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Blind Winn-Dixie Customer Further Appeals Website Access Ruling

June 7, 2021, 10:00 AM

A blind Winn-Dixie customer who couldn’t refill a prescription using a computer wants the full Eleventh Circuit to throw out a decision that marked the first time a federal appeals court said websites aren’t covered by the Americans with Disabilities Act.

Other federal circuit and district courts have taken a more expansive view of whether and when the 1990 disability anti-bias law applies, saying “places of accommodation” goes beyond just the physical places specifically recounted in the federal law.

And the Covid-19 pandemic, which drove a surge of people to e-commerce, highlights the importance of clarifying and expanding accessibility standards, Joshua M. Entin, one of plaintiff Juan Gil’s attorneys, told Bloomberg Law.

As e-commerce continues to grow, Entin said, it’s critical to visually impaired consumers that the ADA be interpreted broadly, a movement he believes the federal disability law allows. “Even though Congress didn’t put websites in the text of the statute, we believe e-commerce falls within what the ADA was designed to accomplish,” he said.

The National Federation of the Blind and other disability rights groups agree, and in their amicus brief supporting Gil’s request for a rehearing, they cite a Pew Research Center fact sheet that says about 93% of Americans used the internet in 2021.

‘Places of Public Accommodation’

Title III of the ADA prohibits places of public accommodation from discriminating on the basis of disability when providing access to goods and services. The law lists 12 categories of “places of public accommodation,” all of which are physical spaces.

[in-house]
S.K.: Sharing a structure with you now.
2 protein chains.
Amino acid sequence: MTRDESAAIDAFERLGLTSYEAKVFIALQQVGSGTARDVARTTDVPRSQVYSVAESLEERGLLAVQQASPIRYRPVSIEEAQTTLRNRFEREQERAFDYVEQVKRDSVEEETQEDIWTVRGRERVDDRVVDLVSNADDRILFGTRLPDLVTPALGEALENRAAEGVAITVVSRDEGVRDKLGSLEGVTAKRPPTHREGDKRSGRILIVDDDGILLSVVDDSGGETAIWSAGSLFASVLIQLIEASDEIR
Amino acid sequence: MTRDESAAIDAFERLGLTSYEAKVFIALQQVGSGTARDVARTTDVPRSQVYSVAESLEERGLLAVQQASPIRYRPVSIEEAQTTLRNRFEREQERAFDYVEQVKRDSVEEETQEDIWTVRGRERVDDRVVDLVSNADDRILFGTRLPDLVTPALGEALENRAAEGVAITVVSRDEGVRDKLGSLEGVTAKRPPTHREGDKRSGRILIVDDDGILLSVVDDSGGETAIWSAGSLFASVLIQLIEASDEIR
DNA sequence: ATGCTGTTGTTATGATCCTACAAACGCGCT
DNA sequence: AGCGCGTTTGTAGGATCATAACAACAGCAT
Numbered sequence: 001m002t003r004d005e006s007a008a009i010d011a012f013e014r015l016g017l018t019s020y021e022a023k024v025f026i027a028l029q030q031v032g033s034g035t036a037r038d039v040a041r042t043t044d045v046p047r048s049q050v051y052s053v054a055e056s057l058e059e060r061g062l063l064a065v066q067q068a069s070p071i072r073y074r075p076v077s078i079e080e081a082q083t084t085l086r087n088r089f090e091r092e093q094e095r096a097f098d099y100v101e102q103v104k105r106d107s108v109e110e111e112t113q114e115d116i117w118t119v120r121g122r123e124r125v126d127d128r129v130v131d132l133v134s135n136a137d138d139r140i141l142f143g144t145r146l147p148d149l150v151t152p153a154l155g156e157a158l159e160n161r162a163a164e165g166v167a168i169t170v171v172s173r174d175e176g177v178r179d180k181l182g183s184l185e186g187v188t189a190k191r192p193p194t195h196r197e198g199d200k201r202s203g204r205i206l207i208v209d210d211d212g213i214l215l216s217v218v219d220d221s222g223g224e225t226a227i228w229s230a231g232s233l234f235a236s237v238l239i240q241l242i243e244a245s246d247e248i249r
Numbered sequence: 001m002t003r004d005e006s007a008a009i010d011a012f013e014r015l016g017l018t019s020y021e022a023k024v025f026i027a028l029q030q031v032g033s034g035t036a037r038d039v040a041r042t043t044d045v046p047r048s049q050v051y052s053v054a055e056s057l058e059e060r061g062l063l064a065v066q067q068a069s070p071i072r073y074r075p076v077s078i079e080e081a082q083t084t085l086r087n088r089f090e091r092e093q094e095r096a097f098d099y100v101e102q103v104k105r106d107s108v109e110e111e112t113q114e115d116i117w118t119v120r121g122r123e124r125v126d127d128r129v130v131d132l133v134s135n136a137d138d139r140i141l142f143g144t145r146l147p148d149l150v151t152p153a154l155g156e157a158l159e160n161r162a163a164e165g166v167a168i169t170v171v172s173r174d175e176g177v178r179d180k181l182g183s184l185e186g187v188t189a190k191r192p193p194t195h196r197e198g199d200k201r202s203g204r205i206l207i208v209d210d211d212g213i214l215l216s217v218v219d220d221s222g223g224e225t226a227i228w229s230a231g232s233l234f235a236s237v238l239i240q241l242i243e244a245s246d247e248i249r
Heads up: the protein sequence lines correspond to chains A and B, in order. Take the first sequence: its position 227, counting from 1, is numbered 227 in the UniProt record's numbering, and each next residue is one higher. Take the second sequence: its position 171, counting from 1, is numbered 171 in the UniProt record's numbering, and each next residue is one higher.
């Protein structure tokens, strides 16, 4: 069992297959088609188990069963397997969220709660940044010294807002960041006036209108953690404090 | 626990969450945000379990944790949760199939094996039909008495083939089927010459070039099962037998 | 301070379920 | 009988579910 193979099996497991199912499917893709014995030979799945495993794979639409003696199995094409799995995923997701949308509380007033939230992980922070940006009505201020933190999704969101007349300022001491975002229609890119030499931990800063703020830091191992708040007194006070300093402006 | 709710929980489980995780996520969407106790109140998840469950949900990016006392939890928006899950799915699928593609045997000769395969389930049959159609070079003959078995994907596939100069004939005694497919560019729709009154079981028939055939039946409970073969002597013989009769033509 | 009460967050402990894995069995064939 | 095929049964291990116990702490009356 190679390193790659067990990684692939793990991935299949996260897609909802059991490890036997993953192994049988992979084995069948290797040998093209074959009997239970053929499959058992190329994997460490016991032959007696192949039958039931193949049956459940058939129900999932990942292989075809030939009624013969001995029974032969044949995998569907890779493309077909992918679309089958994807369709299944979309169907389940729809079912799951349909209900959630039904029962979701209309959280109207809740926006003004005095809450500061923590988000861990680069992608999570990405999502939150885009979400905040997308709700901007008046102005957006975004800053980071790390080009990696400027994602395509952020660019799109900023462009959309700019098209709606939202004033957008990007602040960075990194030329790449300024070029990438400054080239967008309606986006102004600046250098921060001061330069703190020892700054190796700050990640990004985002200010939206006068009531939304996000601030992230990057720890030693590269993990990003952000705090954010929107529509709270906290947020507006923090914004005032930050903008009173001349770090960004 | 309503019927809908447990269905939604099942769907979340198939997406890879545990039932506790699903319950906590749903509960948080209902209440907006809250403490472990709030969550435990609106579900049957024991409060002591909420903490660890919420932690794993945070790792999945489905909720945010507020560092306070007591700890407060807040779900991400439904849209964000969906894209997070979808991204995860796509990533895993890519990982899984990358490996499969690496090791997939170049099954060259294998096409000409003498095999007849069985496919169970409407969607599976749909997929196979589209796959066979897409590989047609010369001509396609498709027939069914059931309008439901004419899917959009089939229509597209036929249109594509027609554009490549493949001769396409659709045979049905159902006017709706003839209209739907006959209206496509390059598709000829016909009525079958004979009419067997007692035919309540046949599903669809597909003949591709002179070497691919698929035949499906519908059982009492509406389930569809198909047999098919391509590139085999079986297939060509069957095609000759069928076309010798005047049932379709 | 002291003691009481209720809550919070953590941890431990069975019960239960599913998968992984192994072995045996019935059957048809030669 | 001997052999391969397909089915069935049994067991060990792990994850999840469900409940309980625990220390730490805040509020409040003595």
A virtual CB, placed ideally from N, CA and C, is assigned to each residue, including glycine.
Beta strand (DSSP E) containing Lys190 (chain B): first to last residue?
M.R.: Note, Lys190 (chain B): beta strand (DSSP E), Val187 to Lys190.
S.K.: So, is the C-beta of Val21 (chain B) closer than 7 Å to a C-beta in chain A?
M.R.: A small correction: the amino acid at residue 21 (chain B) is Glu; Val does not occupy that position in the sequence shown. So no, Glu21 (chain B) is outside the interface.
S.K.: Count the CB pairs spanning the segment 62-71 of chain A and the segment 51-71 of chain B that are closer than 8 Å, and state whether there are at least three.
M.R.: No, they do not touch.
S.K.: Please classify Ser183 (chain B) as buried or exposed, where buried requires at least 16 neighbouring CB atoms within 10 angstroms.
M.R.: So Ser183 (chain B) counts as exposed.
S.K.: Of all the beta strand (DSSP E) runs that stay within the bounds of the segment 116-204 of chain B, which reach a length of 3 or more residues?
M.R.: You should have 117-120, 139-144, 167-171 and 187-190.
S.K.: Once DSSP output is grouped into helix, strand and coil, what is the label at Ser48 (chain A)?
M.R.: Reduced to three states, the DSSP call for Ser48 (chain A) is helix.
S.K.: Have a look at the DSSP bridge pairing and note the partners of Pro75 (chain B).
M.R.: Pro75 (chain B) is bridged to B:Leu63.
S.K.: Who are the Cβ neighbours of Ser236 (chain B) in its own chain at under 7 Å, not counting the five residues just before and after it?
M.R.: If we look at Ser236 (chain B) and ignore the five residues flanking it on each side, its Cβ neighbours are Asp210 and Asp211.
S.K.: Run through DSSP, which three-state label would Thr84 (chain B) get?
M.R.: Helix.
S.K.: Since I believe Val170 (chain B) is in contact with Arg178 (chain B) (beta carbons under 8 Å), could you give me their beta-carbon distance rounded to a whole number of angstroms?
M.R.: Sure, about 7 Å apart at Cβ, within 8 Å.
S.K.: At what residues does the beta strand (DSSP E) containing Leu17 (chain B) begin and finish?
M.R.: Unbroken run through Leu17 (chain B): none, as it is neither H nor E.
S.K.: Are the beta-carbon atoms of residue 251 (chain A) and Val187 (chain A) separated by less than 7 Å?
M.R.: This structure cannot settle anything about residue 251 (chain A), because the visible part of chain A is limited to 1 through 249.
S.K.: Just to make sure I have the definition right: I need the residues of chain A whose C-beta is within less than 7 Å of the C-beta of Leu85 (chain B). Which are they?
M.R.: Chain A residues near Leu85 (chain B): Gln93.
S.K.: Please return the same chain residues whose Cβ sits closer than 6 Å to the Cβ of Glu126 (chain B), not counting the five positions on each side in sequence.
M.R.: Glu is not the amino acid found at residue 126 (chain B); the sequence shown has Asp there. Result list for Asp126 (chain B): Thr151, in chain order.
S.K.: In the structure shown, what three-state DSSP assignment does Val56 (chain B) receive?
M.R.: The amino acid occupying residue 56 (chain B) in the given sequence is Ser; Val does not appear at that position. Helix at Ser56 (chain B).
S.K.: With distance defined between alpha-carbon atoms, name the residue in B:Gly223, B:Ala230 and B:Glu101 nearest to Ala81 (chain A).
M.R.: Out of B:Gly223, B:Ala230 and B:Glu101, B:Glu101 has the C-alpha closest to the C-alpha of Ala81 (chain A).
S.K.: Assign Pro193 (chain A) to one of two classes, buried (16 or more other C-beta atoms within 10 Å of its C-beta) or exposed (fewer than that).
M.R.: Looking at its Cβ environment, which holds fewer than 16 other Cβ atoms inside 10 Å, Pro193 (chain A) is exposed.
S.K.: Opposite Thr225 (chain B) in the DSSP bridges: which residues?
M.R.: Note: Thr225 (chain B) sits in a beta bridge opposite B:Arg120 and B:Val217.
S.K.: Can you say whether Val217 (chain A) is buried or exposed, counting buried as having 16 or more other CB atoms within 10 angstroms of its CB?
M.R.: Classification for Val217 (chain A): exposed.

But the First, Second, and Seventh circuits have all said a place of public accommodation isn’t necessarily limited to a physical space. The Ninth Circuit has said companies can be liable under the ADA for inaccessible websites if there is a connection between the site and a physical place, such as a store.

The Supreme Court declined in 2019 to review the Ninth Circuit ruling, which allowed a blind Domino’s customer to sue the pizza chain over its website.

The U.S. Court of Appeals for the Eleventh Circuit’s April decision that websites aren’t places of public accommodation covered by the law broke from other circuits—and it’s a ruling Gil’s attorneys say departed from precedent within the circuit.

They argue that in 2002, the Eleventh Circuit used a “nexus” approach to determine whether the ADA applies, similar to what the Ninth Circuit did 17 years later. Under that standard, the law applies when the website serves as a gateway to what the business provides or sells, Gil’s attorneys say.

Prescription Refill

Gil sued in 2016 after he wasn’t able to use Winn-Dixie’s website to refill prescriptions because it wasn’t compatible with his screen-reading software.

Gil won a June 12, 2017, bench verdict and injunction requiring the supermarket chain to make its website accessible for three years.

A website isn’t a public accommodation, Eleventh Circuit Judge Elizabeth L. Branch said in overturning that decision. Only physical locations are public accommodations under the ADA, her majority opinion said.

Gil also wasn’t denied access, Branch said, because he could still go inside the store.

Days after the decision, a judge on the court withheld its mandate, effectively freezing the case. Gil’s petition for a rehearing followed.

The panel majority’s abandonment of the Eleventh Circuit’s “nexus” standard for determining whether the ADA applies to a public accommodation’s website warrants rehearing by the full court, Gil says.